You talk about the lifetime value of an investor, can you elaborate on that? A lot of people don't think about that, and it's very important to know.
Let's pretend we're looking at one of your self storage facilities. The purchase price is $1.5M, you need to raise $500,000 and let's say you raise it in five $100,000 chunks. The question then becomes, how much is that investor worth to you over the lifetime of your working relationship? If I come into that deal with $150,000, and that gets me a quarter of the investor pool, then the question would be, how much is that asset going to be worth to Steff over the length of time that you're going to hold? Let's use a 10 year time frame just to have a book end, over 10 years, what do you think the total gross profit on that property is going to be, the increased value in the property, the cash flow over that time, the mortgage pay down, all of these things? Let's say $2 million and let's say they get half and you get half. That means that deal is worth $1 million to Steff over that 10 year timeframe.

You divide that by the number of investors, five, so that's $200,000. That's what that investor is worth to you for that deal. Now, the question would be, are they only going to invest in one deal with you? Or do you think they might invest in two, three or four? Let's say they invest in four deals, if the average profit that they're worth to you is $200,000 and now they invest in four deals. That's $800,000. Now, let's say they're happy with the investments they're doing with you, they will refer other investors to you, and that person would be worth something similar. That's the math that everybody should be thinking about.

When I had a business years ago, I heard about the lifetime value of a client from a guy named Jay Abraham. I crunched it for that business, the lifetime value of a client for me was $12,000. I thought that that was great. By knowing that number, I know what I'm willing to do to get a new client on board. Fast forward 15 years, I got into real estate investing, I was doing single family homes, rent to own, I crunched the number then, and my number was $120,000. That's 10x from my other business. That's why we're in the business of real estate. You're in commercial real estate investing, your numbers are even higher. The amount that investors have to put in might be a little higher as well. But you're looking at between $800,000 to 1.5 million, probably on the conservative side, per investor. So then the question becomes, how motivated are you to bring investors on board?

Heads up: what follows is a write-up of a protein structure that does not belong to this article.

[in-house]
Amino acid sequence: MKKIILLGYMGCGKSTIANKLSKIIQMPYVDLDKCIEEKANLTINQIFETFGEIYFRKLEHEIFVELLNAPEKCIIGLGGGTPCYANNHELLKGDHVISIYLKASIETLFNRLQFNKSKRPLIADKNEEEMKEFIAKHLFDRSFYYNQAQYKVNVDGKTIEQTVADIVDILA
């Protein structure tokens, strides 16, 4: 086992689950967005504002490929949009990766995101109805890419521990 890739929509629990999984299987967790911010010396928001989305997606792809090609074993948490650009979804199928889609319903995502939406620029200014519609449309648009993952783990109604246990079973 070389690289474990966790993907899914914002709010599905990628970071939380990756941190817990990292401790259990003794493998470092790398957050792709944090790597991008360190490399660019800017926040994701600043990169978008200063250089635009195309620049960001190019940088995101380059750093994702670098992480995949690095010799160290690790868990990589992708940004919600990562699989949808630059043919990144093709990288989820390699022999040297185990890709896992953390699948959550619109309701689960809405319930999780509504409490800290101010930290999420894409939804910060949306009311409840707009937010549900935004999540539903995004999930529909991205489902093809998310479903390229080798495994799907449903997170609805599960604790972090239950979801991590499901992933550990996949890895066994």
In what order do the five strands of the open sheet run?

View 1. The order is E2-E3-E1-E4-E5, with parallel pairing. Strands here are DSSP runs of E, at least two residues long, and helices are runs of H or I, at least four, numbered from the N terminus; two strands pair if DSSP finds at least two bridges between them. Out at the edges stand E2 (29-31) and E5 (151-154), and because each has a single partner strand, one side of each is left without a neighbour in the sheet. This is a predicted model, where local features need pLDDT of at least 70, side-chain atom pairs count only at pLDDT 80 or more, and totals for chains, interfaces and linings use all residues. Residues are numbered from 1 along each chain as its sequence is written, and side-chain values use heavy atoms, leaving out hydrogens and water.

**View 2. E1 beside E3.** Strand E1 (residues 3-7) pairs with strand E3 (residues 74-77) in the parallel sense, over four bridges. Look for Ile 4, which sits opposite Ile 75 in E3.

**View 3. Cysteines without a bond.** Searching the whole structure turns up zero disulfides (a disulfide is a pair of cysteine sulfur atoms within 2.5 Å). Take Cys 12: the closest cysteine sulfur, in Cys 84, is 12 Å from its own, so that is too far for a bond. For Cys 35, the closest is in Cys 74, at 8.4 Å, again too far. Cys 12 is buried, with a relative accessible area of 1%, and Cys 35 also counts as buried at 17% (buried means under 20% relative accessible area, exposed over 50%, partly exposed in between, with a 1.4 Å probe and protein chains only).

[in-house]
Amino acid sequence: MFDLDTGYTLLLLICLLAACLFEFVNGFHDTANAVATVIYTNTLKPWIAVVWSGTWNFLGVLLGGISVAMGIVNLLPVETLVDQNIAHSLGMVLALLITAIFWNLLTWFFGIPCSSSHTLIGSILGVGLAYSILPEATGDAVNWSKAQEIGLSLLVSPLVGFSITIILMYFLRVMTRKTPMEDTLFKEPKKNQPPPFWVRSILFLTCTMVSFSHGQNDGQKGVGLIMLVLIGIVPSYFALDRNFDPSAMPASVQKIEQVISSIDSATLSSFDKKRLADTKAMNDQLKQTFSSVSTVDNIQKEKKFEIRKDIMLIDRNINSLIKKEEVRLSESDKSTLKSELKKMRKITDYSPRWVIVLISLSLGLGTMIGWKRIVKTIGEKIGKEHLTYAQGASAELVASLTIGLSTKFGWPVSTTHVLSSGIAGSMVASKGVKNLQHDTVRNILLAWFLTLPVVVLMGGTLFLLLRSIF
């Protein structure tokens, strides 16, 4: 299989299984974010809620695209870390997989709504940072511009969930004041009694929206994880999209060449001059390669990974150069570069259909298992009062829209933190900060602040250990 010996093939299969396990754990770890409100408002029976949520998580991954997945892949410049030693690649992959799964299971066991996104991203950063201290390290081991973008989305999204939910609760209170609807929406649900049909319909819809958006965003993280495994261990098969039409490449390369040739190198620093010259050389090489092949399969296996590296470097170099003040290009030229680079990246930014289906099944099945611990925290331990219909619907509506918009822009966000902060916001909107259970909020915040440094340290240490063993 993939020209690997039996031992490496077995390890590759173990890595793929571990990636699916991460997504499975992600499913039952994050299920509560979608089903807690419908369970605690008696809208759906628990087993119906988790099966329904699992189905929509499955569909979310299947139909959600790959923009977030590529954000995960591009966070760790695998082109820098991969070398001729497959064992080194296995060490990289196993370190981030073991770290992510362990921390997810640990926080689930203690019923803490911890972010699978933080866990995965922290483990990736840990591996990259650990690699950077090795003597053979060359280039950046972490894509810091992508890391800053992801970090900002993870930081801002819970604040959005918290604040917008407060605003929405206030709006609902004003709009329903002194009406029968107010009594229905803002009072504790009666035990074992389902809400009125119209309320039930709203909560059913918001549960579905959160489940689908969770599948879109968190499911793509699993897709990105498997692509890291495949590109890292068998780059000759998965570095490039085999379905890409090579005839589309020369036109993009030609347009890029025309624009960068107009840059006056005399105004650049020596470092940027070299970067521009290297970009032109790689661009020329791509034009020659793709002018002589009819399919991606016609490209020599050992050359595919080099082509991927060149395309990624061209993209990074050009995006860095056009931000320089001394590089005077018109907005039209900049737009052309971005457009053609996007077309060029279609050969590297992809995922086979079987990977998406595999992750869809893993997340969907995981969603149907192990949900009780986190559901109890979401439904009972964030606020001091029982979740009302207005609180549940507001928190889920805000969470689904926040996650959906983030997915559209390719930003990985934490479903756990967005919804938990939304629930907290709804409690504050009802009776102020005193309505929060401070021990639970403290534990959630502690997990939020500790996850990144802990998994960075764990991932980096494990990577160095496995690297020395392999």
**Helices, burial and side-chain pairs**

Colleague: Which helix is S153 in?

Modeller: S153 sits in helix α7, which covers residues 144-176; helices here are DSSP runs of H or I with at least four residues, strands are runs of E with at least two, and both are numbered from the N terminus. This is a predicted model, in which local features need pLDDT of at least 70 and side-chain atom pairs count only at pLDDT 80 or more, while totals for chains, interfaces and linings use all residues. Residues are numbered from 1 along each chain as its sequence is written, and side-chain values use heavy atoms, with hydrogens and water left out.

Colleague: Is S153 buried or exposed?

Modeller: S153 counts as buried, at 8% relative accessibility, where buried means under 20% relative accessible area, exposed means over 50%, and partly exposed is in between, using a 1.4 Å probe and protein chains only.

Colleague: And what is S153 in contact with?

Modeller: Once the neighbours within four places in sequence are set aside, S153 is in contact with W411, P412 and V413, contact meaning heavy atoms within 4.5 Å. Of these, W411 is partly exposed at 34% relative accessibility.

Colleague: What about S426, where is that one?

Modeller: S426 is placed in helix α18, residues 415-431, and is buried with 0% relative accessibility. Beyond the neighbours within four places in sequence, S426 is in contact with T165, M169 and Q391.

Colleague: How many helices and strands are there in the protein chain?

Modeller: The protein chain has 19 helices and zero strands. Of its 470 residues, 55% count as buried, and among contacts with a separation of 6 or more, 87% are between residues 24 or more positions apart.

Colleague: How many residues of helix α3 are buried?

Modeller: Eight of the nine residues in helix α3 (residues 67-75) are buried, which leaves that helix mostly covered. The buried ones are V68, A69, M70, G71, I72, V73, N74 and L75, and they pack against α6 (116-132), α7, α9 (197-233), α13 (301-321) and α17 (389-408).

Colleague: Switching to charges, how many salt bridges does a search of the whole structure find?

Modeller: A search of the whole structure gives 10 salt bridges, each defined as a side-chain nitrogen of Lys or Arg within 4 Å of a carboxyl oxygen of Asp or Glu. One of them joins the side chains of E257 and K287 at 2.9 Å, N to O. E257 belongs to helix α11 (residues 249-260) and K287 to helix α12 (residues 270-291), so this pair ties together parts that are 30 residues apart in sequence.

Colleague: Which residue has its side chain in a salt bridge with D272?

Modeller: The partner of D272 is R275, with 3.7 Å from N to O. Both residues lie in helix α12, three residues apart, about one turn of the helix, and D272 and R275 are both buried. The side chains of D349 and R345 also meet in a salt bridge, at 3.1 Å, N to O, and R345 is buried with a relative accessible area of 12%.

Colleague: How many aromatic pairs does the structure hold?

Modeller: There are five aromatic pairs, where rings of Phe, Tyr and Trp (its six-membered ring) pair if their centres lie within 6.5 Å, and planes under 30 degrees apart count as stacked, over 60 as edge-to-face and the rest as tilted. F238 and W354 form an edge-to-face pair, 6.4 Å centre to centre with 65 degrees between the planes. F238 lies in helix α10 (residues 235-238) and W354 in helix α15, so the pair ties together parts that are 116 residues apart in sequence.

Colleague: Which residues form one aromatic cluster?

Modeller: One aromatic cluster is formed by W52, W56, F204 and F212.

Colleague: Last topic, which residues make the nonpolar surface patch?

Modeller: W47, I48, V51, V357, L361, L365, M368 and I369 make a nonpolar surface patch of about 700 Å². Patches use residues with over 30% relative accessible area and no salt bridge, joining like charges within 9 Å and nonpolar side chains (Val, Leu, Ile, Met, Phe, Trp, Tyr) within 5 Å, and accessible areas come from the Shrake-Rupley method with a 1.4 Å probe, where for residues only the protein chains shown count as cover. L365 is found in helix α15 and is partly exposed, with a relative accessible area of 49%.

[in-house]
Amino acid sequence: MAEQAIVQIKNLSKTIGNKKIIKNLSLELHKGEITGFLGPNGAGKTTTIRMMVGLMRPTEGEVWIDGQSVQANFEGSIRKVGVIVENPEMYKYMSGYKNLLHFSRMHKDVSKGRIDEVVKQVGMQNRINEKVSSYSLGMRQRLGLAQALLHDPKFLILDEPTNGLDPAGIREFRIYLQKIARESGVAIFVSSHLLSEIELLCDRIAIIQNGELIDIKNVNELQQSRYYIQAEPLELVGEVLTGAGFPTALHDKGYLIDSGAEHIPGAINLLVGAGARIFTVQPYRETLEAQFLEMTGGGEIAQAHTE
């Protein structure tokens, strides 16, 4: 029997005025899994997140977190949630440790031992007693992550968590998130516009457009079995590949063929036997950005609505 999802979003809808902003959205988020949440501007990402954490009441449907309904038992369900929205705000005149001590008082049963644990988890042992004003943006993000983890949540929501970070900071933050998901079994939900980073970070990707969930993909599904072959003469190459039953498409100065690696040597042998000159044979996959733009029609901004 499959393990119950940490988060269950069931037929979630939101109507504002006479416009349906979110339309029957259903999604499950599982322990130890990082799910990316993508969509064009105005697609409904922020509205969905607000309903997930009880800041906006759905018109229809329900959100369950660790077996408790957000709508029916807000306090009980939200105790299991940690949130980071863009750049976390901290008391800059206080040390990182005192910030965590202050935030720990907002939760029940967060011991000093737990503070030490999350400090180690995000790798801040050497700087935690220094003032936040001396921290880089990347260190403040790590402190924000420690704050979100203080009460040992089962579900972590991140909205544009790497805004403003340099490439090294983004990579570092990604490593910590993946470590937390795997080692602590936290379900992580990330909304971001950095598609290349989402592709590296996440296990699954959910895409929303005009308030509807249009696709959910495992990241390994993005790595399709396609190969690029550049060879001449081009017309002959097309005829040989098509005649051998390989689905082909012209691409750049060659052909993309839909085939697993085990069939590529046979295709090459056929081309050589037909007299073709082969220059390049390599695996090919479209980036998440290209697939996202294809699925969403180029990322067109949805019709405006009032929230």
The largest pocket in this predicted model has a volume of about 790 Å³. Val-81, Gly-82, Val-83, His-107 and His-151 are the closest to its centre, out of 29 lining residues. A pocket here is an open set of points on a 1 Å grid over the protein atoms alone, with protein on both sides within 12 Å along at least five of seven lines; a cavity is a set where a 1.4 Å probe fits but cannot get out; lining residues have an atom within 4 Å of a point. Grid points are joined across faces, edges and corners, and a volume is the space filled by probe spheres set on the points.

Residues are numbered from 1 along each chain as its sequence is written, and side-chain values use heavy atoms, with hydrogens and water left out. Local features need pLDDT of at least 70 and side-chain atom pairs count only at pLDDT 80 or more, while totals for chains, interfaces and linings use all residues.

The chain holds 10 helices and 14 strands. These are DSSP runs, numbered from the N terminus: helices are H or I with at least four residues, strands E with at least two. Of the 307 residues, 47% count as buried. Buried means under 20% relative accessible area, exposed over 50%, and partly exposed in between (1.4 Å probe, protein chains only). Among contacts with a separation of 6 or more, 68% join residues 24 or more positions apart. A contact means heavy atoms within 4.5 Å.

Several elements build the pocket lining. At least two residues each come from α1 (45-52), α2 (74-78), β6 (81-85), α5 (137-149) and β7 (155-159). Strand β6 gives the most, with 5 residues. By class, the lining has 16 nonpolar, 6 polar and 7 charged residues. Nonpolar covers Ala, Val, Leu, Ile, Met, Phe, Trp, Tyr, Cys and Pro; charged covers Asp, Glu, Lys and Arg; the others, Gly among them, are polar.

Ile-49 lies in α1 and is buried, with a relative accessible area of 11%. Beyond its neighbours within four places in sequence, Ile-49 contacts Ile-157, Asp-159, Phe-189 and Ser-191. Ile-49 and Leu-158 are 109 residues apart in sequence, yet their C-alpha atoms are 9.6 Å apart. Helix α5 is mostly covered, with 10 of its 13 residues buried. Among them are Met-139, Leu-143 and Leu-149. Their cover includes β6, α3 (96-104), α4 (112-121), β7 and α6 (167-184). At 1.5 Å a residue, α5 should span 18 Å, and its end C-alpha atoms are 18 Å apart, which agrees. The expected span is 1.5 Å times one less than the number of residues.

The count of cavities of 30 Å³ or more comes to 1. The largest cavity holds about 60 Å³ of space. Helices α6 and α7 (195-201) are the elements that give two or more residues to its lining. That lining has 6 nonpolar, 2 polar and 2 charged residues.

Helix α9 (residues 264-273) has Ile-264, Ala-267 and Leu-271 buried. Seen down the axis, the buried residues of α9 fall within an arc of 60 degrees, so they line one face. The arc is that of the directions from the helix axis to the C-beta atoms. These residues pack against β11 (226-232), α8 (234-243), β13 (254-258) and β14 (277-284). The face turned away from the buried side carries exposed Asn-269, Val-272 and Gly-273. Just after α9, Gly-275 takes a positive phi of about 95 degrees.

A lot more than I was five minutes ago.

That's a broad overview of the lifetime worth of an investor.

What are your top three tips for someone raising money today?
1. Focus on the low hanging fruit first, people that you have that pre existing relationship with, I'm firmly believe that there's at least one to $2 million dollars worth of capital, if not more, within your current contacts.

2. When it comes to the chicken and the egg, don't wait until you get a deal to start raising capital. Start raising capital now.

3. Be consistent about it. Another big mistake I see a lot of people making is they're hit and miss. When it comes to raising capital, they have a deal on the go, they're like hamsters in the cage going crazy. They either finance the deal or they don't get it. And then it's crickets until the next deal comes along. Constant, consistent, edu-taning, communication. Something else that is very important is when you talk to a non real estate person about real estate, and you're talking about cap rates, ROI, IRR, etc, their eyes glaze over, because don't understand it. Most of our prospective investors are not real estate professionals like us, so we need to simplify it.

Follow up is very important for everything, not only in this case, but on purchasing properties, hiring people, getting bids, and everything in between.
The good news is that most people suck at follow up. If you're good at it, you stand out.

You invest passively, please put that passive investor hat on, what should people look for in an operator that is brand new to them? They have no idea if they're good or bad. What should they look for as they analyze that potential deal and operator?
I actually don't work with people that I don't have a pre-existing relationship with. I can't really answer that question. I know the people that I work with personally and professionally, I know of their reputation, I check them out, I get references. I've people pitch me all the time on raising capital for them or investing in their deals, but I have to know you first.